The health and economic impacts of the COVID-19 pandemic are forcing governments around the world to rethink their strategies on combating the disease. The prolonged costs to governments as a result of the impacts of the pandemic are now forcing them to go down paths they never thought they would have had to tread.
For instance, the Government of Antigua and Barbuda will on Monday institute measures that many Saint Lucians may well consider too harsh when it comes to inoculation against the coronavirus.
According to that country’s government all unvaccinated government employees, including members of the public service, statutory corporations and companies in which the government owns majority shares shall be required to remain at home until proof of vaccination is provided.
The Antiguan government further stated that as of 1st October, 2021 no public sector employees, inclusive of the aforementioned shall be paid a salary or wage for the period of non-compliance with the current policy. The measures also called for all officers and support staff of Antigua’s police and defence forces to be vaccinated effective 1st October, 2021. The list of measures by the Government of Antigua and Barbuda is long.
What is happening in Antigua and other parts of the world is the realization by governments that the only way out of the COVID-19 trap is to institute some form of mandatory vaccination.
We are fully aware of Prime Minister Philip J Pierre’s reluctance to institute a mandatory vaccination policy, however we hope that this averseness is not etched in stone.
With hundreds of Saint Lucians testing positive every week for the past eight or so weeks, coupled with 148 COVID deaths to date and over 2,400 active cases; that decision by government not to go the route of mandatory vaccination as a measure to halt the virus’ spread should be revisited, even as a last resort.
The rapid progress of the Delta variant and other variants of the virus should inspire government to rethink its decision. Let’s be reasonable here, authorization of a national COVID-vaccination mandate could prevent inter-district spread of the virus, maintain a healthy workforce, improve productivity levels at a time when the virus itself threatens to lower such levels, sustain jobs by not increasing unemployment, and more.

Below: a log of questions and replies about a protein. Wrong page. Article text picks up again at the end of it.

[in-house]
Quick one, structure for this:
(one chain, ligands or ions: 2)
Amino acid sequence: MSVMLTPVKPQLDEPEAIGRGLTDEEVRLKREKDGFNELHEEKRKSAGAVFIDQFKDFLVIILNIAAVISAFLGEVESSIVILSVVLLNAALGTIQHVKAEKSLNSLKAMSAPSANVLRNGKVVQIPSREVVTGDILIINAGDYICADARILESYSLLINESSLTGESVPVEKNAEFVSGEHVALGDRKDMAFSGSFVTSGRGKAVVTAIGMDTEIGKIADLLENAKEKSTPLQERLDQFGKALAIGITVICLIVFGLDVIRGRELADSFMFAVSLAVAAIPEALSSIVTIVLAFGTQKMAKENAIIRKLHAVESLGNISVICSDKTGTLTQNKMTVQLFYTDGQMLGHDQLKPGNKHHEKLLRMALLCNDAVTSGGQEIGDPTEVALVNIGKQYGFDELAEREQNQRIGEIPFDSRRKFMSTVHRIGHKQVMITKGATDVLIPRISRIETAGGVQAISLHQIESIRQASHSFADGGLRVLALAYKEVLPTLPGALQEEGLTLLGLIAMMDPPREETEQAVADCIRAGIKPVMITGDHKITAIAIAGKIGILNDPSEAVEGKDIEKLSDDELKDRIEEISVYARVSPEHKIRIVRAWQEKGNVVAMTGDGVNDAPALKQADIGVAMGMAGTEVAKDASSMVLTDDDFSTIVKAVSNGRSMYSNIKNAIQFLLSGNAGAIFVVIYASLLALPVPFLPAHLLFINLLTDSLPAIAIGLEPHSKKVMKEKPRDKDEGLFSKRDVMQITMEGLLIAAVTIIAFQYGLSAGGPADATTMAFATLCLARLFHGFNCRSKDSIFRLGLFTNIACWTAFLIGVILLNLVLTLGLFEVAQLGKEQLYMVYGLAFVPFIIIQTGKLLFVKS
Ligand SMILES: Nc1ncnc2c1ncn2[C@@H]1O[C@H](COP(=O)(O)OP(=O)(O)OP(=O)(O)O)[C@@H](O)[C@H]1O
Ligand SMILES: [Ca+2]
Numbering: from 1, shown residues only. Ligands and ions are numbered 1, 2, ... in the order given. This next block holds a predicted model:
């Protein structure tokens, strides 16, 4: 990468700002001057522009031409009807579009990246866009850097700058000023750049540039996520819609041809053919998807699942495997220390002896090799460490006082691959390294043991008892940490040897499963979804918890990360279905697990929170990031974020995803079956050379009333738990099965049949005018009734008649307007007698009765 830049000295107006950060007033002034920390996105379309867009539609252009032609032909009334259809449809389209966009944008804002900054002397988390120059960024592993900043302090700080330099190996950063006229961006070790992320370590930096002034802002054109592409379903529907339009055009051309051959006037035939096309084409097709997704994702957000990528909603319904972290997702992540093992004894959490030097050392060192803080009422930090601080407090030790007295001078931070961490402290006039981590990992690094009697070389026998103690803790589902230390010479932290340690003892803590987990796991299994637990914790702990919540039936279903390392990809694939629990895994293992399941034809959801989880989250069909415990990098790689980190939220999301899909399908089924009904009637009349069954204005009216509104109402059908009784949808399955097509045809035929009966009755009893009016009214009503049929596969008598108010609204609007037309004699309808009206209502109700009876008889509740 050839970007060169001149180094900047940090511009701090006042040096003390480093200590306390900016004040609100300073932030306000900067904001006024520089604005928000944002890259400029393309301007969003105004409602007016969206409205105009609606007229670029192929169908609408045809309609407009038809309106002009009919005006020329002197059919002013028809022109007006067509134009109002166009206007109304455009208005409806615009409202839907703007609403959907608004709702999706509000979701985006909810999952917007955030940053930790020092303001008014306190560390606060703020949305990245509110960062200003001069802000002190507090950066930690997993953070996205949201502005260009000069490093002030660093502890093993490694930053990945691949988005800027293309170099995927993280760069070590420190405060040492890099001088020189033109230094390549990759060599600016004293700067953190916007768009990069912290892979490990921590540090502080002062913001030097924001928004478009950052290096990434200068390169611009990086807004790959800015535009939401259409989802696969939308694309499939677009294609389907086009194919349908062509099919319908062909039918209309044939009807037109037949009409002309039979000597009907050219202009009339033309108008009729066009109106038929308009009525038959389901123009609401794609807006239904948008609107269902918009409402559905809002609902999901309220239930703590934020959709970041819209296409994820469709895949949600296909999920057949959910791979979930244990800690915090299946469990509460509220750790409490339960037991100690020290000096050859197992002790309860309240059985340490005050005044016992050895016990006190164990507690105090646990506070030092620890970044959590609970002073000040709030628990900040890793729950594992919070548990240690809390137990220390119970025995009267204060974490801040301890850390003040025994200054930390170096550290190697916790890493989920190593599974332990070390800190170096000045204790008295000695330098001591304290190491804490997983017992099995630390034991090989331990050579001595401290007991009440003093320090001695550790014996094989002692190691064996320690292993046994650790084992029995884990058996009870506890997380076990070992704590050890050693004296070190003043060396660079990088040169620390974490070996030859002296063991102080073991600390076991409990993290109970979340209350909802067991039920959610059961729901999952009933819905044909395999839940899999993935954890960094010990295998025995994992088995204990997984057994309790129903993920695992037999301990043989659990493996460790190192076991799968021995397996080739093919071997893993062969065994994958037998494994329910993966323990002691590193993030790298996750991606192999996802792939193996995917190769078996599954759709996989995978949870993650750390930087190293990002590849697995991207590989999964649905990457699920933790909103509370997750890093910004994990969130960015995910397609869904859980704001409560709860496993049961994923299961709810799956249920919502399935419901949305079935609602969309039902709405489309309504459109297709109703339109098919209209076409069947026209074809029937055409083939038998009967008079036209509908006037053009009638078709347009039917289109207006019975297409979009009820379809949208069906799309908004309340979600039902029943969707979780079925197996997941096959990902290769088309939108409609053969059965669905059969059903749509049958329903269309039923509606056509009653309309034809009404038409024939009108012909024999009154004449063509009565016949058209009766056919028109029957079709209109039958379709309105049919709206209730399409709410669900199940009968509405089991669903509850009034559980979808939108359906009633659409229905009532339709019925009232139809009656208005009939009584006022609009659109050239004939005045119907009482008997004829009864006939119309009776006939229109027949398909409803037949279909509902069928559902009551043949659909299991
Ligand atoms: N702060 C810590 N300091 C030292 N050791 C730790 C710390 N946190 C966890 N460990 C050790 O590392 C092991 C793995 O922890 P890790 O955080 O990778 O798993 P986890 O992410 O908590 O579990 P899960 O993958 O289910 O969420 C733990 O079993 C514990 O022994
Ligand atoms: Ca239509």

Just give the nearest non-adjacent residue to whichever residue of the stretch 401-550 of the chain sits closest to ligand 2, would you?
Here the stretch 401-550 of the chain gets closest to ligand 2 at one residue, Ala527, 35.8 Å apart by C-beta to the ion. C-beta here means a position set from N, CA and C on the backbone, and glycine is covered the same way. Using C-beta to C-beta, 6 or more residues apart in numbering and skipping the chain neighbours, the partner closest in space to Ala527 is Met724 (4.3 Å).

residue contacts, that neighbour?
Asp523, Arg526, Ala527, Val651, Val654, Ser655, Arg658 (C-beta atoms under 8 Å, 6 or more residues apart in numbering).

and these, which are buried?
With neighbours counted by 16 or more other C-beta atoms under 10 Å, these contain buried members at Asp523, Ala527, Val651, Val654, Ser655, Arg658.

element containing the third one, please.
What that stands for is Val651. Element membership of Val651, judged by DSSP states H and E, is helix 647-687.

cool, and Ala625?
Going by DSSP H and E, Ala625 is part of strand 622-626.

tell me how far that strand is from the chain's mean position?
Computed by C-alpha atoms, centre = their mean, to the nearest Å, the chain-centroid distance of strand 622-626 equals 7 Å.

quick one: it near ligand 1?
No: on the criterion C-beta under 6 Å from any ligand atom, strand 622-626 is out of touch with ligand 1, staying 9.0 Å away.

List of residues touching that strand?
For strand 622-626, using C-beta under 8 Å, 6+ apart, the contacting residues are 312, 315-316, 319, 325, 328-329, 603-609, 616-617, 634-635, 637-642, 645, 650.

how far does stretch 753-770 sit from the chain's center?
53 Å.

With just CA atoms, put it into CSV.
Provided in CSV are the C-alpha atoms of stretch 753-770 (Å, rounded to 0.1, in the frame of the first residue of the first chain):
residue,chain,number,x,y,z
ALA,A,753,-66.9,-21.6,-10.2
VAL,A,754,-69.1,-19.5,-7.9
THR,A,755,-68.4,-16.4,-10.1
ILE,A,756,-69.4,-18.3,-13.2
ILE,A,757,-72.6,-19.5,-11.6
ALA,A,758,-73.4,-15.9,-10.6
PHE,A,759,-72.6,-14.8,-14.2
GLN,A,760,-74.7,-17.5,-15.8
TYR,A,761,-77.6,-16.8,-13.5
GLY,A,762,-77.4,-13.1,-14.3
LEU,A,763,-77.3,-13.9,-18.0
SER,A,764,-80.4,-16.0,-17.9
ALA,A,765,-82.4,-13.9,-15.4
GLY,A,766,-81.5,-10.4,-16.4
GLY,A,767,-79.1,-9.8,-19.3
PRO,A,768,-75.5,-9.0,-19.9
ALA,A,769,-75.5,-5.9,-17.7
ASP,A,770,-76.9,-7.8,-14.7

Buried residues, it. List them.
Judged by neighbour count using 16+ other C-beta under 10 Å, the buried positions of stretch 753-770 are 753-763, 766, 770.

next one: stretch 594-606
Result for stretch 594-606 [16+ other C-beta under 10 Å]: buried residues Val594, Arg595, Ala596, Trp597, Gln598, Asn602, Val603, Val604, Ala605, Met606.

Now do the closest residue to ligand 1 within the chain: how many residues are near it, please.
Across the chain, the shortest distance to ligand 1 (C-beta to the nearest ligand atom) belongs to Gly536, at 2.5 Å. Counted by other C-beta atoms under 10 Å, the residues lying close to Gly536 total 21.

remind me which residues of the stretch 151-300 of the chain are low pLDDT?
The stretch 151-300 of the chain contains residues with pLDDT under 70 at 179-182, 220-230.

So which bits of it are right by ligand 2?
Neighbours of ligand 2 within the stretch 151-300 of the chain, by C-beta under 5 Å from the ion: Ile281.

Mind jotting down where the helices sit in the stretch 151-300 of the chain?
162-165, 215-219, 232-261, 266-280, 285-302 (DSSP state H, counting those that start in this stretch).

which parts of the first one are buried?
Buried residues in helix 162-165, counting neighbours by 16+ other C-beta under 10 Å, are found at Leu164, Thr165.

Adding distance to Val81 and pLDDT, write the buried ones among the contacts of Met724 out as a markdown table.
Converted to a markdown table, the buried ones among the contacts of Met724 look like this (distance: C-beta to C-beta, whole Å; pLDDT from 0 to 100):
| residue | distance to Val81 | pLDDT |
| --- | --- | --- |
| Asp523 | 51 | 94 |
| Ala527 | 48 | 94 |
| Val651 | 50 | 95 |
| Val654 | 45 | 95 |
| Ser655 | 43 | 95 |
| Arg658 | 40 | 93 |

While we understand that there will be legal challenges to a law authorizing mandatory vaccination, we also understand that there can be exemptions on religious and medical grounds. However, that aside, we believe that a challenge to a law of that nature will not cause a constitutional problem for government. After all, Saint Lucians have, from long ago, been vaccinated against diseases such as measles, mumps, rubella, diphtheria, tetanus, influenza, meningitis and others.
Our question to the government: Should it be found necessary for the public health or safety that mandatory COVID-19 vaccination is the way to go, will government continue to hold fast to its no mandatory vaccination policy?
With the havoc the Delta variant is causing to date, should another variant, more transmissible than Delta surface, will government continue to hold fast to its decision not to go down the path of mandatory vaccination?
There is a train of thought that says compulsory vaccination is an assault upon a person and a violation of due process in that it interferes in a person’s right to care for his/her own body in a way that he/she deems best.
But is individual liberty absolute, especially if it endangers the common good? Should not liberty, meaning real liberty, include the duty to restrain from harming others?
Should real liberty, or the freedom given to a person as enshrined in our Constitution, mean that one person, or a minority of persons in the country, have the power to dominate the majority, a majority that is acting to protect health and safety of the entire country?
In the words of Senator Alvina Reynolds the medical facilities are “stretched and stressed” to breaking point. The same can be said for the whole of society, especially the economy and education. Mr. Prime Minister, you have said on many an occasion you will follow the science; perhaps the time has come to recognize that the government’s responsibility is not so much following as leading. The science is only one facet of the issue. The economy, education, social intercourse, familial mutual support, sporting activities are all issues of which leadership must be cognizant.
Mr. Prime Minister, please act now, rather than later.